The problem reads more like a charging problem. While you checked the voltage at the battery with the engine running you probably checked it right after engine start. My limited experience with a bad charging system has been mixed. In one case -- not my vehicle but one I came upon in a dealer service bay -- the alternator started out strong but in just a few minutes was not putting out enough electricity to meet the vehicle's needs and after another minute or two of the vehicle and engine manifesting various issues the engine died.

With one of my cars the battery voltage started out ok not quite 14V. But after some minutes (~30) of driving around -- in the day time -- I noticed the battery voltage was getting close to 12V. Realizing this was not good I made a dash for the dealer and made it with no problem. Left car and tech confirmed later the alternator was bad.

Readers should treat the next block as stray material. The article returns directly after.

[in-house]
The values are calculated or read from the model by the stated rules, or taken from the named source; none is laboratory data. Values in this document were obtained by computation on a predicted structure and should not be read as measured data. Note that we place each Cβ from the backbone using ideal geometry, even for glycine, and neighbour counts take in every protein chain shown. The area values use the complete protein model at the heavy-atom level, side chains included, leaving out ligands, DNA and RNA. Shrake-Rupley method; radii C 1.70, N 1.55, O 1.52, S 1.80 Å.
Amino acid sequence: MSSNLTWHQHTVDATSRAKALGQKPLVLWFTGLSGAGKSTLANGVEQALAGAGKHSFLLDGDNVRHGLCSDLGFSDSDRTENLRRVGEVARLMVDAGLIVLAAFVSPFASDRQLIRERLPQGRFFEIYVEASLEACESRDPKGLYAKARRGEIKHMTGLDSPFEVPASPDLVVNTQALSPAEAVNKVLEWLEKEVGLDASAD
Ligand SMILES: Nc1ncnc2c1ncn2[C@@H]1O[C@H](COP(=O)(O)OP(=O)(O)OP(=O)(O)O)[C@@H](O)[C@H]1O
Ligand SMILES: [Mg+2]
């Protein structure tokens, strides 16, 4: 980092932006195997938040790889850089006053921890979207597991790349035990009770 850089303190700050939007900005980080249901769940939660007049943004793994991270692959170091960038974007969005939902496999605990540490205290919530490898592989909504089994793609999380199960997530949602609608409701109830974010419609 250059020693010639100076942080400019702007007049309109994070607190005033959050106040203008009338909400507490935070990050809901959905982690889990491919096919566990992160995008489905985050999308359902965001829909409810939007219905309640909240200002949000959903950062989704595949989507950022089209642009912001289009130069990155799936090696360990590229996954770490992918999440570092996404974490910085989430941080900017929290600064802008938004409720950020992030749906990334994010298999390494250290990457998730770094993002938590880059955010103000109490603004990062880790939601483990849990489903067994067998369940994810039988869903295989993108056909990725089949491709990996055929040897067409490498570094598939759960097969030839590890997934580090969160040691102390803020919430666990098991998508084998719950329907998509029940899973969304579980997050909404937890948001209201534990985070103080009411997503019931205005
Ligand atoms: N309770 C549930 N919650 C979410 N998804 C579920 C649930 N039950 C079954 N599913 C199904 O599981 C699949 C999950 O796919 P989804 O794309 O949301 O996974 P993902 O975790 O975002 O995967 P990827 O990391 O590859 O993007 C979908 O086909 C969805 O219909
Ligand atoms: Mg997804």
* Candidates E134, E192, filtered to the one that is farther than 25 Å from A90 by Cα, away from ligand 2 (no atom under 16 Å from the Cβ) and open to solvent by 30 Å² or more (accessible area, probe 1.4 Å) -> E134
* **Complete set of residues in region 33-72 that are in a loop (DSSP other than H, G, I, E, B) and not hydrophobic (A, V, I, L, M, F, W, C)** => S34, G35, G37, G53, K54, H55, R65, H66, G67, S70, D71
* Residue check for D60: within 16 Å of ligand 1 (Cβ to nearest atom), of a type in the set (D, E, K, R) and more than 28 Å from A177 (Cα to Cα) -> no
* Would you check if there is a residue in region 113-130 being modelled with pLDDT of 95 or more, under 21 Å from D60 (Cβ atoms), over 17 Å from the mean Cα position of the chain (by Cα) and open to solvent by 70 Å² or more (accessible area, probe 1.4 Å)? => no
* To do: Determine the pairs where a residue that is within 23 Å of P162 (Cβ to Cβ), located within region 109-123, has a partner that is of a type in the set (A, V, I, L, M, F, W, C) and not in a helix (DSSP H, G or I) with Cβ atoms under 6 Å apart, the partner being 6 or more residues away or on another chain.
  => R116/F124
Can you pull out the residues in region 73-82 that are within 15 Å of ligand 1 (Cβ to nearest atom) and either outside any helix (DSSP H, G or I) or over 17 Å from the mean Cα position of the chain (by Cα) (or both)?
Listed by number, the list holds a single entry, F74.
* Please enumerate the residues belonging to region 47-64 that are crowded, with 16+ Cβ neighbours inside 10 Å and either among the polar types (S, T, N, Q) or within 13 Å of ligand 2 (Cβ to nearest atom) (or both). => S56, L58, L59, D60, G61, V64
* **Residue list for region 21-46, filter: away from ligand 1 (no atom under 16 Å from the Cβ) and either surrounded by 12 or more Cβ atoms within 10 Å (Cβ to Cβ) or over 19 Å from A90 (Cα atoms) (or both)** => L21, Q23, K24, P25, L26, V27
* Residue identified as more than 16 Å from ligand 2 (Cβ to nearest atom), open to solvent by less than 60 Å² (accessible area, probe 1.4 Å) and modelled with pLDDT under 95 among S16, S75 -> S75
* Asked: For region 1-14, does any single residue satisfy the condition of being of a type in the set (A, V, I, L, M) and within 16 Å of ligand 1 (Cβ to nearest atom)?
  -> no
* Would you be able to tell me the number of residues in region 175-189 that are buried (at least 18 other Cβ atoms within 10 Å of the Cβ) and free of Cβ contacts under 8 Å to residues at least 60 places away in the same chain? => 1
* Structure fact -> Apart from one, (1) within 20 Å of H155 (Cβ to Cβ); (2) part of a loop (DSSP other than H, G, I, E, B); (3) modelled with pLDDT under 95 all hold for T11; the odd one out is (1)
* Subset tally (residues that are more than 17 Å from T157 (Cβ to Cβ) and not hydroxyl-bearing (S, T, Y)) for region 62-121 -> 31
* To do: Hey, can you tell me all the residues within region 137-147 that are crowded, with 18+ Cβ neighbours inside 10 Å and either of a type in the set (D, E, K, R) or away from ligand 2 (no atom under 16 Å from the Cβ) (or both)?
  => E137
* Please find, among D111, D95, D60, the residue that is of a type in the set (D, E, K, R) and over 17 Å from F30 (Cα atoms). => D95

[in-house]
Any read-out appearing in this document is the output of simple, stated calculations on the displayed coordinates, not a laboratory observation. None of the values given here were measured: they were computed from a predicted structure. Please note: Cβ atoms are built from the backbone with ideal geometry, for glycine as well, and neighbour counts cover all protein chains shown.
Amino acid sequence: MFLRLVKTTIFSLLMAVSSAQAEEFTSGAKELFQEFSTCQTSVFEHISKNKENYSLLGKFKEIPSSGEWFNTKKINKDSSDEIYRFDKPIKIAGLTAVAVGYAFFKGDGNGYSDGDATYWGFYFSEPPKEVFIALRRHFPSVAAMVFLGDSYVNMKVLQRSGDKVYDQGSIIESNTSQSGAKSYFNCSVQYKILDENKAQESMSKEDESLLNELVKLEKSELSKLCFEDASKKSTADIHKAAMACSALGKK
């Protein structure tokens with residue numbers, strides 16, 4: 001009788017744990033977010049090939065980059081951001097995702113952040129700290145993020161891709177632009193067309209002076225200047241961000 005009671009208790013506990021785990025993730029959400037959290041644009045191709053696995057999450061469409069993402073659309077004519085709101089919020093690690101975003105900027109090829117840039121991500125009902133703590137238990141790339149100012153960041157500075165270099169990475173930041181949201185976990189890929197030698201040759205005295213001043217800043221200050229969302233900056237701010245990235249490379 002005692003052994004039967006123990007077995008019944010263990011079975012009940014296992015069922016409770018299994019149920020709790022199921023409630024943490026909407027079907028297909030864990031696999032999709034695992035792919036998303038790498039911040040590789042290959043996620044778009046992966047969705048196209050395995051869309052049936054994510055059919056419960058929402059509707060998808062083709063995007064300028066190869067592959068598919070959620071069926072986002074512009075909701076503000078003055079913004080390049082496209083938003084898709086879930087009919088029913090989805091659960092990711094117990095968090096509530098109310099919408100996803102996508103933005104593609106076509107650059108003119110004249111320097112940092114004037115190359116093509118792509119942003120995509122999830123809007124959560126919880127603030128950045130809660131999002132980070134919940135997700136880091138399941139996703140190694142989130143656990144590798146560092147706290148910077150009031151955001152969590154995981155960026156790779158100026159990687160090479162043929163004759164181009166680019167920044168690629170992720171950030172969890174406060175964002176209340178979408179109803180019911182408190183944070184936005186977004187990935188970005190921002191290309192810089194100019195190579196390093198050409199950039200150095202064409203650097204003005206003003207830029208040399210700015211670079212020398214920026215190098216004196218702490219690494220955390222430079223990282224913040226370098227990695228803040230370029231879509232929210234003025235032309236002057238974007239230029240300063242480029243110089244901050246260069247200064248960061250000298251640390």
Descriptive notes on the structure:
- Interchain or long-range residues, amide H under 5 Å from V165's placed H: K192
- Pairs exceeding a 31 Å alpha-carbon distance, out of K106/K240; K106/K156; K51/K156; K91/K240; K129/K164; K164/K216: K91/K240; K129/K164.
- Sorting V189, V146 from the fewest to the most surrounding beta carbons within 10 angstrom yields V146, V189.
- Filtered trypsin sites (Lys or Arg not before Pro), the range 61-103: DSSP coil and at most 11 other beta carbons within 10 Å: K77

But with the both windows down and the doors unlocked, while that might be the result of a low battery, it might also be due to a problem with some electrical component in the car's door lock/window circuit. Some years ago I had a car manifest odd behavior with the passenger window failing to drop when it should or worse dropping normally when the door was open but going up once the door was open. At other times the doors would lock on their own shortly after driving off from a cold start. I'd push the unlock button on the dash but often the doors would lock again on their own.

Could have been water in the door but it wasn't. It was a bad door lock controller. Now this in my car's case never affected the battery but if something like this went bad in such a way it kept part of the car's security system alive and powered up this would drain a healthy battery in no time.